Paper No. 62-8
Presentation Time: 3:30 PM
VERTICAL LAND MOTION ALONG THE COAST OF CALIFORNIA: IMPLICATIONS FOR FLOODING AND INUNDATION HAZARDS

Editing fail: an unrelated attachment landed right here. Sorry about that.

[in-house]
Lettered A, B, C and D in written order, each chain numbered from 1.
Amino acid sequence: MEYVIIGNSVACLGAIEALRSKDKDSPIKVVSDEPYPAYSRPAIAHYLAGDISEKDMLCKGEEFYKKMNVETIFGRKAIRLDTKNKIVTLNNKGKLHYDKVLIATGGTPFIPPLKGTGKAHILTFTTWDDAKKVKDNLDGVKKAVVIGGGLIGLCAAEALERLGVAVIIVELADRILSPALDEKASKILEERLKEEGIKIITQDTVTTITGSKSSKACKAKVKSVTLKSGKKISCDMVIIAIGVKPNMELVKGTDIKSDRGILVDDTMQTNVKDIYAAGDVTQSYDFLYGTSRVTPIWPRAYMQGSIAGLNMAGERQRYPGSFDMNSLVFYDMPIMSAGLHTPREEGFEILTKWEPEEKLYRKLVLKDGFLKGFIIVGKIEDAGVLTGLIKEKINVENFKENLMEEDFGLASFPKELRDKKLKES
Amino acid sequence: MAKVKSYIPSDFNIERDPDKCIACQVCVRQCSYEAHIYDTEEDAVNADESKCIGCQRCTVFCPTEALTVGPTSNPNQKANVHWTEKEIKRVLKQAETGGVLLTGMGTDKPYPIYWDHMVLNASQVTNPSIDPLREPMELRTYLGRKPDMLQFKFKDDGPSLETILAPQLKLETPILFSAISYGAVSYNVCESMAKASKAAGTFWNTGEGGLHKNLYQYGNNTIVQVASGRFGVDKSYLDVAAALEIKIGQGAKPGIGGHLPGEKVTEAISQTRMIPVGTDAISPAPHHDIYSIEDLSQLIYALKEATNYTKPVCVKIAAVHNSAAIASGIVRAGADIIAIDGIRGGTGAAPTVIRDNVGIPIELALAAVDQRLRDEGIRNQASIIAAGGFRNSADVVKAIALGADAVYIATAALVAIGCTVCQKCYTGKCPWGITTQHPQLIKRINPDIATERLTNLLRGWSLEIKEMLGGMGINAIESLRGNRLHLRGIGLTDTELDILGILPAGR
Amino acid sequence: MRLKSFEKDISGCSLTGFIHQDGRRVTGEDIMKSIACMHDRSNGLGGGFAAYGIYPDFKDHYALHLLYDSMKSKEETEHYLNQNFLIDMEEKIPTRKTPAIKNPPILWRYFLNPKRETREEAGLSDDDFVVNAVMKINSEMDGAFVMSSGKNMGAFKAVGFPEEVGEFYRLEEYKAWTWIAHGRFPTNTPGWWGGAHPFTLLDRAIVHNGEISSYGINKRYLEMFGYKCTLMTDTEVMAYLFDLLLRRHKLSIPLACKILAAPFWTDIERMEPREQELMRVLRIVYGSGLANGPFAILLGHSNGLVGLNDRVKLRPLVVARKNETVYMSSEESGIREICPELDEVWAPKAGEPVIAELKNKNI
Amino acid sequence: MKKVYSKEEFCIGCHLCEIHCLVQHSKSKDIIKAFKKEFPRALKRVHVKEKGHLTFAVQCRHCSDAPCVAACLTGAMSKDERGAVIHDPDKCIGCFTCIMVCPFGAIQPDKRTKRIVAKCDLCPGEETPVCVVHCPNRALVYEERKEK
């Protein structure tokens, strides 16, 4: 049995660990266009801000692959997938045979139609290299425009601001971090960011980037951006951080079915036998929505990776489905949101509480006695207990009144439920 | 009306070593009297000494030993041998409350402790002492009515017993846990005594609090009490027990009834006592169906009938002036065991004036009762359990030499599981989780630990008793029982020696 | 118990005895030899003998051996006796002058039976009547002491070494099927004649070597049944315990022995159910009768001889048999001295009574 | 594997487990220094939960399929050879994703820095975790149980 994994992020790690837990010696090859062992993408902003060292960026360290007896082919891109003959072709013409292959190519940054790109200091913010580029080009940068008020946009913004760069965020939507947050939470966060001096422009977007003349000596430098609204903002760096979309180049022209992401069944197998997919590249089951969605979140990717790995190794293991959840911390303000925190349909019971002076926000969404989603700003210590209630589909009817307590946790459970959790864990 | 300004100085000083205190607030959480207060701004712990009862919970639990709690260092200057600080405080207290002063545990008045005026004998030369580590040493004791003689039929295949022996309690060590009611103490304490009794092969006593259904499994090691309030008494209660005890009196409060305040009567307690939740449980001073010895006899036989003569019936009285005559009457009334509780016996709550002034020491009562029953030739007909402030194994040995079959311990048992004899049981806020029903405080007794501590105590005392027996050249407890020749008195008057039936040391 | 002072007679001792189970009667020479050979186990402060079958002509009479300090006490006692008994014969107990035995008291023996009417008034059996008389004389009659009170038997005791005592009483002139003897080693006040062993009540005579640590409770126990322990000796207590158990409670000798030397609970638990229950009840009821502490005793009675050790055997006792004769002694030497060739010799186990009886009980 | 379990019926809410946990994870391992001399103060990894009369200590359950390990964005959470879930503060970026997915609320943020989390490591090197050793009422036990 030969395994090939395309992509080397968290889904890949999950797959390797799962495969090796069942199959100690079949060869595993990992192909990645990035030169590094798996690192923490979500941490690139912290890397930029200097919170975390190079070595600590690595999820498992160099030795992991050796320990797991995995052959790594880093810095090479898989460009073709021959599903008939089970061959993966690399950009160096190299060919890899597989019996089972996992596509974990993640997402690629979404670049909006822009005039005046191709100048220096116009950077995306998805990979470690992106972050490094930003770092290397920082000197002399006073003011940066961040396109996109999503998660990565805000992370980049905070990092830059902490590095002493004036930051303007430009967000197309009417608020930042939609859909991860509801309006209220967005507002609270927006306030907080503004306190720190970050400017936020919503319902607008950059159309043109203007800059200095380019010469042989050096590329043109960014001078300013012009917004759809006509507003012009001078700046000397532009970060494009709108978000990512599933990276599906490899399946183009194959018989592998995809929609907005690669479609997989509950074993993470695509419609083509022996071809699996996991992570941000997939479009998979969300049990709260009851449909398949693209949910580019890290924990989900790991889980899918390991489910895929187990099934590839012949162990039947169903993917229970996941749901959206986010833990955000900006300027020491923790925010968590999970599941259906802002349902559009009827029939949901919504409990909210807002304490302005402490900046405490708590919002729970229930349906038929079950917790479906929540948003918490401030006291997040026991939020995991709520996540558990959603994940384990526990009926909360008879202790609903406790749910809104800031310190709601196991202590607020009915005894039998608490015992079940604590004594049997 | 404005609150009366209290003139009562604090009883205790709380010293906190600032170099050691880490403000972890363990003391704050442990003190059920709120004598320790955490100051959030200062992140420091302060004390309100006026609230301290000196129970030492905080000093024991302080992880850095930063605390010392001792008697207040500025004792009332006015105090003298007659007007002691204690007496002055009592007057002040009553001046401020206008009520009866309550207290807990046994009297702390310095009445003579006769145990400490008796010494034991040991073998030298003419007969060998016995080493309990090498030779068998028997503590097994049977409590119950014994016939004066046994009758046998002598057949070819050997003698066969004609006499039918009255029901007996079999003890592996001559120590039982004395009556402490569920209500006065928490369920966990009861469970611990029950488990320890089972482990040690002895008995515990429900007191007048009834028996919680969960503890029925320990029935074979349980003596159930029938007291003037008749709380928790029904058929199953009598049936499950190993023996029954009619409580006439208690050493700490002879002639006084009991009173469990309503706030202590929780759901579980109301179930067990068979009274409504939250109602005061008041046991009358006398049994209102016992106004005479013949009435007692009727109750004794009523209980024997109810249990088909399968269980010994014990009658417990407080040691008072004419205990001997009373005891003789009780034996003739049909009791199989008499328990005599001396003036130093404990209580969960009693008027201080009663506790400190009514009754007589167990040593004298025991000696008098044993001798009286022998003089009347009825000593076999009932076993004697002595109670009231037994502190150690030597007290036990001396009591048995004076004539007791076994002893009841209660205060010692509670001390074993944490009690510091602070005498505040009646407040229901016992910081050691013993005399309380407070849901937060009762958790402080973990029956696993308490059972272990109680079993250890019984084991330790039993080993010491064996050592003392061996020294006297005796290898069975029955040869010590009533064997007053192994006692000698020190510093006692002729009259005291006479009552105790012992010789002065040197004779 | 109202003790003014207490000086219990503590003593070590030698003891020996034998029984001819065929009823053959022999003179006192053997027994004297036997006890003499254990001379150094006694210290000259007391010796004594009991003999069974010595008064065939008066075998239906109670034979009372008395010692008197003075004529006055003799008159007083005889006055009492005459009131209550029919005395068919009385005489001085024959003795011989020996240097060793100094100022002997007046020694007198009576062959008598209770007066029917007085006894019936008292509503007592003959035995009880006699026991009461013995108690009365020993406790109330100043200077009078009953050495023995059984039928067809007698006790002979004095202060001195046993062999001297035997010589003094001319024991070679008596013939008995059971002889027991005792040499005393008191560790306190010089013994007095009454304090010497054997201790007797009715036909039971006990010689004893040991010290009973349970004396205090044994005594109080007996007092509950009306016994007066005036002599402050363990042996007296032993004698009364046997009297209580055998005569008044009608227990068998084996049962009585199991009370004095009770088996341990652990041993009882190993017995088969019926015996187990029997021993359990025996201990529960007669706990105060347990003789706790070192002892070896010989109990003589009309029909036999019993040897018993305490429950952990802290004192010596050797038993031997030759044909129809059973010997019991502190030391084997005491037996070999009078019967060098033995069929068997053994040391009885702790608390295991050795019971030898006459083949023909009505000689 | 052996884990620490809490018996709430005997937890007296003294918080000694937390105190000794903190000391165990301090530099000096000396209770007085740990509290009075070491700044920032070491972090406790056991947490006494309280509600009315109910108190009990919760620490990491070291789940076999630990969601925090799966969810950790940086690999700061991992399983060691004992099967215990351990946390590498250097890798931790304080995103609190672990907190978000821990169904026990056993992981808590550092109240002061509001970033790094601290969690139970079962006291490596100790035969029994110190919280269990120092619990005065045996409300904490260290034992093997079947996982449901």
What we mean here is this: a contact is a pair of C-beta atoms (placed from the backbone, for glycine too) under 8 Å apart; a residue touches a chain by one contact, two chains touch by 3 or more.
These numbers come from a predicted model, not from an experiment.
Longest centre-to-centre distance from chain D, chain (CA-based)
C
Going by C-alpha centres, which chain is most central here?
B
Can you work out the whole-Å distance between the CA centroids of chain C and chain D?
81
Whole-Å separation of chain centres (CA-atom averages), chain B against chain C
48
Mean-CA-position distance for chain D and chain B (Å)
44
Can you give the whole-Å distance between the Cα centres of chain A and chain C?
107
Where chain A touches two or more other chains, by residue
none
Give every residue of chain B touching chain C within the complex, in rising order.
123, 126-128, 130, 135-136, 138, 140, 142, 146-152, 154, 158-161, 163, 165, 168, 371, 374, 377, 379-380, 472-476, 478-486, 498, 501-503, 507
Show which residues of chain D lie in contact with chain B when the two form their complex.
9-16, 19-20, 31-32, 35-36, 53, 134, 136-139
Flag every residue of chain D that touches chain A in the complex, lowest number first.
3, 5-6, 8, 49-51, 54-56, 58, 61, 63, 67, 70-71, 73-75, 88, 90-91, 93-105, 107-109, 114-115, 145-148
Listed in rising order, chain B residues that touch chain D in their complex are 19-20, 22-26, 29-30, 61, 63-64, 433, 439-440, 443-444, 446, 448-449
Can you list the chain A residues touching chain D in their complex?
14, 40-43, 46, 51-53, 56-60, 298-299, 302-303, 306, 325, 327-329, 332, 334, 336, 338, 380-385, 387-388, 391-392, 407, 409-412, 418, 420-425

The current estimates of damage in California due to sea level rise amount to nearly $100 billion in property losses, 8,750 km2 of inundated wetlands, and 480,000 displaced people by the year 2100. The accuracy of these estimates is highly sensitive to variations in land subsidence along the coast. Hydrologic, tectonic, and morphological forces combine to drive spatially and temporally variable land motion along the California coast, and these variations alter expected flood extents and erosion rates. While California has an extensive network of ground monitoring stations to track these motions, the stations’ distribution is not dense enough to provide spatially continuous information on the state’s uplift and subsidence trends, thus failing to elucidate small-scale variability in vertical land motion rates. Here we present the first high-resolution (~100 m) state-wide map of the vertical land motion rates along the coast of California. We performed an advanced multitemporal interferometric analysis of all synthetic aperture radar data collected by ALOS L-band and Sentinel-1A/B C-band satellites combined with the horizontal velocity measurements from Global Navigation Satellite System. The validation test yields a standard deviation of 0.98 mm/year for the difference between the InSAR-derived vertical land motion rates and the vertical rates from Global Navigation Satellite System measurements. Thus, these results are reliable and this interferometric analysis is translatable to other regions with good synthetic aperture radar coverage. These results can be used to improve estimates of relative sea level rise and the related damages. They can be leveraged in many applications, including coastal planning, resource management, and improving geologic understanding for the state of California.